The following is a guest post by Joe Alagna, GM North American Markets at CentralNic. He attended yesterday’s prioritization draw at the LAX Hilton in Los Angeles. His summary outlines the results of the lottery draw along with some important information regarding the timeline of the new gTLD process.
Yesterday, ICANN held the prioritization draw and assigned priority to each new gTLD application . The first thing I noticed as I started my day is Uniregistry’s Santa Claus milling around the hotel and wishing applicants a Merry (dot).Christmas. I think he really added to the event; it was appropriate for the season.
The event was well attended. All the largest applicants were present and interested in the drawing. We saw Donuts, Google, Uniregistry, TLDH, and others; about 300 – 400 people. The mood in the drawing room was all about “focus”. You could see that applicants were taking this seriously and that they wanted to know where they’ll stand over the next year.
The drawing began with a “glitch”. The auctioneer’s microphone stopped working and, apparently, the electricity to their systems was halted for a while. Everyone waited patiently and eventually things got started.
All applications were assigned priority numbers but the applications where drawing tickets were not purchased, were drawn last. There were 108 IDNs with tickets and 1,658 Non-IDNs with tickets to draw. So the drawing didn’t end until about 10:30 PM. The drawing proceeded in four stages:
- IDNs with tickets
- Non-IDNs with tickets
- IDNs without tickets
- Non-IDNs without tickets
The first ticket drawn was an IDN for Catholic Church in Chinese. The IDN drawing went quick. The last ticket drawn out of those that actually purchased tickets was a Donuts string, .finance. Some applicants, including Google, did not purchase tickets [for all of their applications] as part of a strategy, seemingly because they did not want priority for certain strings.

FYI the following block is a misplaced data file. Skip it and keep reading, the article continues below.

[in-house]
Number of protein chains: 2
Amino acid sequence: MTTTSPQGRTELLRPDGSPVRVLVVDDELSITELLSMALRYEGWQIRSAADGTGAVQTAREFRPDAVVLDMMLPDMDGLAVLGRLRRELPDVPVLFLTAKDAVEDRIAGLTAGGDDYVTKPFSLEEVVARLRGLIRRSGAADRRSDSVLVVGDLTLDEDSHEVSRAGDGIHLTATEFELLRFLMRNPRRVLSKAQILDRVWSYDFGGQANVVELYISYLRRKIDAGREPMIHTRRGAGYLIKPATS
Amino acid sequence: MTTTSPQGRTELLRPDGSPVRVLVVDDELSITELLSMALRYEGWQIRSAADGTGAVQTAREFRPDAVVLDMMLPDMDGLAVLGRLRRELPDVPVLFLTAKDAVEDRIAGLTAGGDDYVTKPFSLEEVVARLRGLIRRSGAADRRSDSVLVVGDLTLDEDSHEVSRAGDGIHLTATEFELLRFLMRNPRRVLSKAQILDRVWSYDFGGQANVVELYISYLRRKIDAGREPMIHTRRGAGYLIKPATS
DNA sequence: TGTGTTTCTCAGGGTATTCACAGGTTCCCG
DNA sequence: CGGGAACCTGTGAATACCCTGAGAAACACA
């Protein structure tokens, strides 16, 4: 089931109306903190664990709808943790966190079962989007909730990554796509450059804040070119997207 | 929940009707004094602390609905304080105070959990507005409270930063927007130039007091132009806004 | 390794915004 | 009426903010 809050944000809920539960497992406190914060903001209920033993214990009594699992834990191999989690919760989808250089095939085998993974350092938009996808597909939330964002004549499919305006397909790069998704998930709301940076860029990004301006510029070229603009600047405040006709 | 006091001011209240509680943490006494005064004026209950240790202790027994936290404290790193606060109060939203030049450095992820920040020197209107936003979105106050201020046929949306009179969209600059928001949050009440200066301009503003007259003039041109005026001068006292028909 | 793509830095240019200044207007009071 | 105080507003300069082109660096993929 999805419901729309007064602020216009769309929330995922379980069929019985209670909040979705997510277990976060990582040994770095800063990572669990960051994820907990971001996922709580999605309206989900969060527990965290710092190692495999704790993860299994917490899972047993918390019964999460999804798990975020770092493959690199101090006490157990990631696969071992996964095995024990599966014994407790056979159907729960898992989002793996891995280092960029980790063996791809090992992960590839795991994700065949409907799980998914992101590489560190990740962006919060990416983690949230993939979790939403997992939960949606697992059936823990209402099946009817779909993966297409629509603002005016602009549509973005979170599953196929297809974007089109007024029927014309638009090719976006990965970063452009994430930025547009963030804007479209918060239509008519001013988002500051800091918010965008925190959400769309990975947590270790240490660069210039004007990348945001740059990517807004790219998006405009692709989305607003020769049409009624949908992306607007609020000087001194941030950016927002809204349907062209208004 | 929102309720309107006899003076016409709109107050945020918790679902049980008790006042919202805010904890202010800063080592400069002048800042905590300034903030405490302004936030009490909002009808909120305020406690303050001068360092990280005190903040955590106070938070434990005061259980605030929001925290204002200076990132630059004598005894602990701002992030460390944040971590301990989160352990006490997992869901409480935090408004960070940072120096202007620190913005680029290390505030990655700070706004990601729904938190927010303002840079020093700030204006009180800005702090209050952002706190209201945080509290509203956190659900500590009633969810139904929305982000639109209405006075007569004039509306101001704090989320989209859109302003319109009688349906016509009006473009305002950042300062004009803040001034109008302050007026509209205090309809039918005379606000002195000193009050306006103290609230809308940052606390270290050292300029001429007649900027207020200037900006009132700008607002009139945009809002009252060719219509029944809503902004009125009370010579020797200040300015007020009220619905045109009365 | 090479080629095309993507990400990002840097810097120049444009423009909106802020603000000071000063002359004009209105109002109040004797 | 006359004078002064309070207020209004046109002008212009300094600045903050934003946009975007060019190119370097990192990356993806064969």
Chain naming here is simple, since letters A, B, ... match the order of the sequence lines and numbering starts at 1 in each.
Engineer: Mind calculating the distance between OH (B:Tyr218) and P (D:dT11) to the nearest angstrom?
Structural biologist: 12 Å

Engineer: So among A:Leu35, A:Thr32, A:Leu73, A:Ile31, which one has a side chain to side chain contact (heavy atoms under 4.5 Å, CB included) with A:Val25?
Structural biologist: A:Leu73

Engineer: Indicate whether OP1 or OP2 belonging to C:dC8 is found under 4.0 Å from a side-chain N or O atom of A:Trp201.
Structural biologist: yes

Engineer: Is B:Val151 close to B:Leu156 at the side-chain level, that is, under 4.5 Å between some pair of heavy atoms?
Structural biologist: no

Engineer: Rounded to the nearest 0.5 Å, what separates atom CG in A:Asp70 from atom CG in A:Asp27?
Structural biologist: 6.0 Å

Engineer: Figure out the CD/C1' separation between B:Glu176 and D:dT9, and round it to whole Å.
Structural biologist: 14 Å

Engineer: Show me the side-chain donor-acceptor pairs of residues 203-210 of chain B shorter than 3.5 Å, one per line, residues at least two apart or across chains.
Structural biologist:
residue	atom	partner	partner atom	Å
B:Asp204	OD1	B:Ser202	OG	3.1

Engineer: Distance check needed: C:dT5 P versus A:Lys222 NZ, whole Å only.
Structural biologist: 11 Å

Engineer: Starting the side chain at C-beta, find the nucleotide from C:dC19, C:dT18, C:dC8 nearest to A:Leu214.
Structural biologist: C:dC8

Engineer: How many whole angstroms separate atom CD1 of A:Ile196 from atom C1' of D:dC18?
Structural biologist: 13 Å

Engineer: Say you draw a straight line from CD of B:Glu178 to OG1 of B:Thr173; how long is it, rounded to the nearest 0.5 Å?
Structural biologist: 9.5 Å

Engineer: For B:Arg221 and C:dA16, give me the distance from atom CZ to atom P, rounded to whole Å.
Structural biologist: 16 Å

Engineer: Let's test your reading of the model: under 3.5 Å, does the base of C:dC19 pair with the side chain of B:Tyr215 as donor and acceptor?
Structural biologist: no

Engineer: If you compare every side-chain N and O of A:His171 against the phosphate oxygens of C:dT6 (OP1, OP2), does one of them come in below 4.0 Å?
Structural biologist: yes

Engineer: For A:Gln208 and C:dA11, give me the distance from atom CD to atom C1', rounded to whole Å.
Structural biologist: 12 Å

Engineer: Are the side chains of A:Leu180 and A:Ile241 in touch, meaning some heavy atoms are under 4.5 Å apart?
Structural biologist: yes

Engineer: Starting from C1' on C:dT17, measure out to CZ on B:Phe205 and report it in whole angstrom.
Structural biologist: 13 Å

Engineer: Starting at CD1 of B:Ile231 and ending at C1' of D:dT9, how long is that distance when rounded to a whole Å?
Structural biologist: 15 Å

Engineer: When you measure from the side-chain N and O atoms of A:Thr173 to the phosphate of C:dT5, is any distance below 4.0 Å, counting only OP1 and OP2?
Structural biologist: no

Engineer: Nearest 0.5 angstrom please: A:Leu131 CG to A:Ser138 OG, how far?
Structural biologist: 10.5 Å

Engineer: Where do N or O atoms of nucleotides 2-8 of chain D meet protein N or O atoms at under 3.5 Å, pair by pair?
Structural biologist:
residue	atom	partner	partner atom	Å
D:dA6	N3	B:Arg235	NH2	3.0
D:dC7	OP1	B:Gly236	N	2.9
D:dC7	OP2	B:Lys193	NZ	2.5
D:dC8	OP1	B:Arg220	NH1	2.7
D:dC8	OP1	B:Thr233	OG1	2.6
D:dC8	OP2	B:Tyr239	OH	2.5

After a quiet start, where everyone listened and focused intently on what strings were being drawn, ICANN’s new gTLD Director, Christine Willett, announced that it would be OK to cheer if your string was picked. That gave the room some permission to have fun and cheering occurred but it didn’t stop the fact that there were a lot of strings to pick. The die hards hung it out, but most people went to dinner and got the results online later.
People who had uncontested strings were especially happy to get low numbers because they could get their strings in the root much earlier. I was really happy with how this turned out. Most participants felt that the drawing was done thoughtfully and fairly.
If you are an applicant, here are my estimates of the best and worst case scenarios moving forward.
The applicant’s likely situation now:
- ICANN has stated that no contracts will occur before the April 2013 ICANN meeting.
- You have passed the Administrative Checks
- You have passed the DNS Stability test (all apps have passed)
- Hopefully, you have received no Early Warnings from ICANN’s Government Advisory Committee (GAC)
- Hopefully, you have no obvious String Similarity Issues, subject to ICANN’s evaluation which should be released very soon (a recent progress report said November 2012 ?)
- Hopefully you have no obvious Geographic Name Similarities, subject to ICANN’s evaluation which should be released very soon (a recent progress report said November 2012)
Best case scenarios moving forward
- In Feb. or so, you pass Background Screening.
- In Feb. or so, you pass Registry Services Screening.
- You receive no Public Objections related to String Confusion, Legal Rights, Limited, Public Interest, or Community.
- Between March and August, you pass Financial Evaluation.
- Between March and August, you pass Technical & Operational Evaluation.
- Between March and August, you execute a contract with ICANN.
- No lawsuits are filed that extend the process.
- Between March and August, your gTLD is delegated to the root of the Internet and goes live.
Possible worst case scenarios
Worst case scenarios include the opposites of what you see above, which can either stop the application or add 12 to 18 months to the process of getting your new gTLD working. If you were able to get a low number, you could see something much closer to the Best Case Scenario and get your gTLD(s) working by the middle or end of 2013.
We have one more step in the process behind us. I wish you all the best moving forward!